World Wrestling Entertainment has seen money in Roman Reigns, essentially Gerard Butler and Bane poured into a SWAT team wardrobe, since the day he declared, “I’m an Anoai” while lacking the paunch of his previous generation. You don’t have to twist Vince McMahon’s withering arm to get him to drive a star vehicle for a Samoan with chiseled biceps, and a cold stare that could cut through granite.
No disrespect meant to Reigns, who plays his role as The Shield’s stoic roughneck with reliable candor. In that situation, pitting anyone else against Batista, they would have been hero for a night. Had Batista gone up against Bernie Madoff in that instance, the fans would have implored Madoff toward victory by yelling out their social security numbers.
It was Reigns, however, that was the white night in black Kevlar. It couldn’t be CM Punk, yanked out of the fray after 50 minutes by Kane, in what could possibly be Punk’s last time donning the kickpads. It wouldn’t be Daniel Bryan, whose exclusion spurred enough heat to melt Ellesmere Island. Only a fellow hoss, one not seen as part of the ‘system’, could land the plane for the disenchanted.
Obviously, it didn’t happen. Perhaps it’s for the best, actually, that Reigns finished runner-up. Reigns is 28 with as many years as he wants in this business ahead of him; the last thing he needs right now is to be a scapegoat. Had Reigns tossed Batista in a swerve ending, the clouds of vitriol that plague WWE’s Facebook page, and the disillusioned jeers currently filling arenas as recently as the weekend house show loop, could be directed at him.
Anyone picked over Punk and Bryan is, right now, public enemy. Reigns was spared.
If you don’t believe me, I’ve gone on record as a strident critic of Bryan’s 18-second loss to Sheamus at WrestleMania XXVIII. Some argued that Bryan would come out stronger, and I didn’t disagree a bit. My quarrel was on Sheamus, who honestly never recovered from that match. Yes, he was champion, but what kind of champion? Bryan fans wouldn’t get behind him. Older fans who hated his “I’m a jerk, but I’m smiling, so you should cheer for me” shtick wouldn’t get behind him. Only kids who don’t read between Sheamus’ twisted lines, that he’s a glorified cartoon character who lectures, “Don’t be a bully” while cheap-shotting unsuspecting villains, would support him.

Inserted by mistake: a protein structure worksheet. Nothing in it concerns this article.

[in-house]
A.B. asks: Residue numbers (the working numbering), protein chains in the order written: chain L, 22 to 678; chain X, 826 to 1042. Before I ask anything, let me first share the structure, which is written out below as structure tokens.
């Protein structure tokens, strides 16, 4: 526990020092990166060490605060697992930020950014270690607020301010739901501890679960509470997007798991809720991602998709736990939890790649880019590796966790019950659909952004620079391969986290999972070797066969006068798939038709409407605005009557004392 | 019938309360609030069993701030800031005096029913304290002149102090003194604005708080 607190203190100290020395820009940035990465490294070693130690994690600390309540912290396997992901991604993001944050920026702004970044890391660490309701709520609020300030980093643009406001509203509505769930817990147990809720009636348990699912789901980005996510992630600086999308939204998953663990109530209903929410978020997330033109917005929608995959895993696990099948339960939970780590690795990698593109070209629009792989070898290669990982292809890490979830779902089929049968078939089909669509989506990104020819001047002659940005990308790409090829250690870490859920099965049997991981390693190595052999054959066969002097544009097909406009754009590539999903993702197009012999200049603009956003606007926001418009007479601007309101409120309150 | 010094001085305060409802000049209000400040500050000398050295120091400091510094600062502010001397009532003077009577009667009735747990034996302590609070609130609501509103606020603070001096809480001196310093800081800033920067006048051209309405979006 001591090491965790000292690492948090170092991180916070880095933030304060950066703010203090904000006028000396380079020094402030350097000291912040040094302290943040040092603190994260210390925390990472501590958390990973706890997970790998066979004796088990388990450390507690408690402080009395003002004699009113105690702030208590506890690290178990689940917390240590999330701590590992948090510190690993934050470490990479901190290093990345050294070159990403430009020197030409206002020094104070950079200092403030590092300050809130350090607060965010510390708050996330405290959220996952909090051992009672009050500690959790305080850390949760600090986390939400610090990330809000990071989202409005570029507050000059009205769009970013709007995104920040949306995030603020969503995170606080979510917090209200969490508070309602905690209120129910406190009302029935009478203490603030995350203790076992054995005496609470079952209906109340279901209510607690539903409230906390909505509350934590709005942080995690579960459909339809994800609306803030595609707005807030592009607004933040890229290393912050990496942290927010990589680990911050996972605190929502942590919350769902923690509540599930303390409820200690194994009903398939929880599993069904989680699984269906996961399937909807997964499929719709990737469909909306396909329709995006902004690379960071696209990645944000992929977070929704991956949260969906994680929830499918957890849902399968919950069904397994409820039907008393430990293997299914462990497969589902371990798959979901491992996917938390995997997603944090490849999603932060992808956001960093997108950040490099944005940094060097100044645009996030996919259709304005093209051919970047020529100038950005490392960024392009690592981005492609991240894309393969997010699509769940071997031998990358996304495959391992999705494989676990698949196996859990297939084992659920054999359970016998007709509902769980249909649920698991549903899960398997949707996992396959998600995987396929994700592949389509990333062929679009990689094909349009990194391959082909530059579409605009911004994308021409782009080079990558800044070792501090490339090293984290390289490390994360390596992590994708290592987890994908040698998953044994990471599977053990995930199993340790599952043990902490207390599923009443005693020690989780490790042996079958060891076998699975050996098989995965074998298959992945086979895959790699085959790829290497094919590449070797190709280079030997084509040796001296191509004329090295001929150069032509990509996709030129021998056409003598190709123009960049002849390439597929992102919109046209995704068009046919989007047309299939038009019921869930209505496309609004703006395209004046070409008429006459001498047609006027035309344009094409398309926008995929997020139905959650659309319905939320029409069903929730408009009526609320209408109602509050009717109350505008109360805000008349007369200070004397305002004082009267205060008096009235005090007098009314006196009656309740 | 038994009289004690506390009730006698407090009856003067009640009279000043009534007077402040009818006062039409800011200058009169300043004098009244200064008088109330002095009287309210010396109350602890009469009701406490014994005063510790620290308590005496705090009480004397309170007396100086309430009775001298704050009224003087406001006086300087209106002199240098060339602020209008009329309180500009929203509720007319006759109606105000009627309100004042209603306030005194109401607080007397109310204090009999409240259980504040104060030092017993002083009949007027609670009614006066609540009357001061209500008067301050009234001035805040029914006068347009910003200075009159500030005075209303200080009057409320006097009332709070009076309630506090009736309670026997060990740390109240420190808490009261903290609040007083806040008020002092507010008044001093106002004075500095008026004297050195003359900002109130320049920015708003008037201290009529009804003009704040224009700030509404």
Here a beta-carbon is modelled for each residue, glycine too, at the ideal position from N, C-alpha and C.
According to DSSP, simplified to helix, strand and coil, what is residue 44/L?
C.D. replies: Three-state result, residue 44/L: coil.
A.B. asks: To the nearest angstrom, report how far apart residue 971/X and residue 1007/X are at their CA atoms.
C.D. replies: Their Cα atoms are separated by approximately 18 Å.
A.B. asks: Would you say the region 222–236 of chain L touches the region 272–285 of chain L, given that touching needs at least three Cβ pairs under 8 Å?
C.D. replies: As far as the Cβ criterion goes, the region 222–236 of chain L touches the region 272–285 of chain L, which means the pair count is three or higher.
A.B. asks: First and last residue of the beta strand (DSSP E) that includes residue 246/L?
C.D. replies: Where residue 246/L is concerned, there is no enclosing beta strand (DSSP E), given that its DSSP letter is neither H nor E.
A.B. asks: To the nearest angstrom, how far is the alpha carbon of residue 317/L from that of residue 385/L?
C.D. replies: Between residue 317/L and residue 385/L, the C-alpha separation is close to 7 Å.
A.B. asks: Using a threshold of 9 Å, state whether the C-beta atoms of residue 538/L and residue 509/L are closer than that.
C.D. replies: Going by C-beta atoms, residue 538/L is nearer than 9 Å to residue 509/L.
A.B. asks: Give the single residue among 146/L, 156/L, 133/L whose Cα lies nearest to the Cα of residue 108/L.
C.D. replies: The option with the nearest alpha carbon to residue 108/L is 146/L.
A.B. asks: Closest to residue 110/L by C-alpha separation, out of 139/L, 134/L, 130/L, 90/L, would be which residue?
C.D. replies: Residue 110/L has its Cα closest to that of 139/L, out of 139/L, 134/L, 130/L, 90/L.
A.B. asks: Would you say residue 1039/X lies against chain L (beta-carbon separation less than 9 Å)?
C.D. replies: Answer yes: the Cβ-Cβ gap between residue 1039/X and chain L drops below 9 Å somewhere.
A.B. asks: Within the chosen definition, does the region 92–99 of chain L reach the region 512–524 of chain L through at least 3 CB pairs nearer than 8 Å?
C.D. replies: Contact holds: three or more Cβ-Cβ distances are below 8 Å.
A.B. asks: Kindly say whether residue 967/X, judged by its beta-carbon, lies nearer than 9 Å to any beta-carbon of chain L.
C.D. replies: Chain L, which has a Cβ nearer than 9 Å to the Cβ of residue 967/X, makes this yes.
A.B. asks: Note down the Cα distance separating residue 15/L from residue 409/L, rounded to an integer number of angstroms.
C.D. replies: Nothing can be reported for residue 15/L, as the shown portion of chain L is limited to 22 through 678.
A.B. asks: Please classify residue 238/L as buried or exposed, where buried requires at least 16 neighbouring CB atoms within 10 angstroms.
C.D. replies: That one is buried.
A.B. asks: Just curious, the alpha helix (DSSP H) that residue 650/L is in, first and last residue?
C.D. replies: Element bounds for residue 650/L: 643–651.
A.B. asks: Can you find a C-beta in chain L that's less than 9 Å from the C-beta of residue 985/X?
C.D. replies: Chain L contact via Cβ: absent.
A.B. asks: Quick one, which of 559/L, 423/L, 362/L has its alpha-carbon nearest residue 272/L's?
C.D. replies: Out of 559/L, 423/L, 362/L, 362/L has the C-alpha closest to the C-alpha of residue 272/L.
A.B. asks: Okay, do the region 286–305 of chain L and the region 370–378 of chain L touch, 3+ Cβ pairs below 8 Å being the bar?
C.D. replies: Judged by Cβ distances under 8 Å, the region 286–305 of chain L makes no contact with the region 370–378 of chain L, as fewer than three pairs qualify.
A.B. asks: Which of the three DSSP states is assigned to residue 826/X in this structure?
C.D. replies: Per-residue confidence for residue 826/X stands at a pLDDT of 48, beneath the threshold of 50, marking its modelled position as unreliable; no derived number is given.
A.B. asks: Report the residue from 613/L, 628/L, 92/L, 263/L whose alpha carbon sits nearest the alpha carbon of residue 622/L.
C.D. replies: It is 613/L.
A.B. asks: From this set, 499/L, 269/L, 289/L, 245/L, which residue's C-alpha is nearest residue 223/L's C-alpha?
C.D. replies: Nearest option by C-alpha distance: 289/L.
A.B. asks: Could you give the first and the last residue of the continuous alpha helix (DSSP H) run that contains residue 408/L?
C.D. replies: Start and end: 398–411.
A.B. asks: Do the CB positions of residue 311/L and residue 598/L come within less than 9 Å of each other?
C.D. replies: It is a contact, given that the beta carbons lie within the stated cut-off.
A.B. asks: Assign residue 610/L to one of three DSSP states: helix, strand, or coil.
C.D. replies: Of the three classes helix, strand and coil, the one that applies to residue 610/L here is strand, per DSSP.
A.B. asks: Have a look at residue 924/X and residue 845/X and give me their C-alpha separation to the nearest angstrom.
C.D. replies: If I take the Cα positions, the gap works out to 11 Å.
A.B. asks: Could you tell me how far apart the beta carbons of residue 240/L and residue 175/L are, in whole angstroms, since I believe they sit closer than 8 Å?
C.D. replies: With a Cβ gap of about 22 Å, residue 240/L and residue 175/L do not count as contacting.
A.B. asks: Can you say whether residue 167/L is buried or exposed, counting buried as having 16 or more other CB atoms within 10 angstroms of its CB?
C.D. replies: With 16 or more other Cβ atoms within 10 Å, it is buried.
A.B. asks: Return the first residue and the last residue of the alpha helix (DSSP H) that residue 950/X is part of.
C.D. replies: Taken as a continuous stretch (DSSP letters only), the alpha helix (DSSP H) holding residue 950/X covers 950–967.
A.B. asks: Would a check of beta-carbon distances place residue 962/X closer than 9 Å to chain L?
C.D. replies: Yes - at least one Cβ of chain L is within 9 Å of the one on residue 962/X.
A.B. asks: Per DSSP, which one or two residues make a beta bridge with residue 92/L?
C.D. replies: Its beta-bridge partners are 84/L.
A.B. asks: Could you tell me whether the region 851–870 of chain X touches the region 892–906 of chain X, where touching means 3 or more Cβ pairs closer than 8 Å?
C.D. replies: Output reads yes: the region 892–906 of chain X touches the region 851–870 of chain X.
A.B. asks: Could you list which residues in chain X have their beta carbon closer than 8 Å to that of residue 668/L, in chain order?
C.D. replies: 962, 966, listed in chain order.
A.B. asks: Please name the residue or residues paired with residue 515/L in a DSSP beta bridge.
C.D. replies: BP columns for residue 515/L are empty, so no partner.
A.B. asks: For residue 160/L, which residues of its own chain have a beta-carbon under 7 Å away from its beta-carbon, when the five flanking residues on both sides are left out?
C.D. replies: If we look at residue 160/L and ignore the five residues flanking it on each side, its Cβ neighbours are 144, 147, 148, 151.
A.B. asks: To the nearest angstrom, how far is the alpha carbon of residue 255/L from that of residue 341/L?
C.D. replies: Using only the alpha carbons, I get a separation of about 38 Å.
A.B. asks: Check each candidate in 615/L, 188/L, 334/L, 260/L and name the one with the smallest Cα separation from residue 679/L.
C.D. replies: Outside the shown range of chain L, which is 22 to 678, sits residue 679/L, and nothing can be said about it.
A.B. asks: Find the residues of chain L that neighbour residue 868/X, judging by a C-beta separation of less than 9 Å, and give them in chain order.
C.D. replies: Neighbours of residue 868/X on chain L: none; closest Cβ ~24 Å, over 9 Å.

It’s a colossal waste to see a gifted big man like Sheamus, whose radical look makes him more memorable than most cookie-cutter call-ups, end up a poor man’s Cena with a musical accent, and half the conviction to pull the role off. Making it worse is that, through short-sighted booking from a zealous office that wanted him over, a can’t-miss became a can’t-stand, brunted a scarlet letter the color of his Lyle Lovett hair.
It’s hard to say how long the current wave of hostile cynicism will last, but for its duration, especially as long as Punk’s at home and Bryan’s anything but the flagbearer, the hate will still have volume. Should it intensify, another can’t miss like Reigns could be headed down Sheamus’ thought-to-be primrose path.
Make no mistake, Reigns is certainly beginning his outs with the Shield, eroding his ties a thread here and there until the final rip comes sometime around a month from now. He’ll be positioned against two other darlings, call em demi-darlings, of the indy scene. Dean Ambrose and Seth Rollins aren’t hardbodied Samoans that ace a McMahon checklist; they had to develop reputations as the cream of a competitive crop to get their spots. Ambrose’s unhinged personality and Rollins’ calculated recklessness assured them a spot that Reigns was virtually born into, without discrediting the work he’s put into maintaining it.
When Reigns inevitably breaks away to begin his solo run, which I foresee having shades of 2005 Batista, the next steps will be crucial. He’ll kill Ambrose and Rollins with his primal fury, no doubt, and that may not sit well with the current Occupy Corporate Facebook Pages movement. I hope for his sake that his push goes swimmingly; he deserves for it to. The Sheamus situation, however, shows that sometimes the company can miss the toilet with the lights on and a robotic arm aiming the schwartz.
It’s also worth noting that WWE’s track record with pushing babyfaces can be spotty. If the company wants the face over, like with Sheamus, there is literally no goofy skit spared in making the wrestler accessible to a child’s sensibilities. Sheamus is merely one example. Brodus Clay, The Miz, Ryback, and others have been steered into the wall with forced writing, bad jokes, lame attempts to tack on catchphrases, and the like. Hell, it speaks to Bryan’s likability that he survived a gauntlet of goat jokes, anger management, and hug therapy to be taken seriously as wrestling’s Kickalicious, minus the cleats. Reigns likely wouldn’t be inclined to raise a hand to the writers and say, “I’m good.”
It’s one thing for a ‘people’s menace’ to slay fictional dragons; it’s asking a lot for Roman Reigns to take down this very real one.
Justin Henry has been an occasional contributor to Camel Clutch Blog since 2009. His other work can be found at WrestleCrap.com and ColdHardFootballFacts.com. He can be found on Twitter, so give him a follow.
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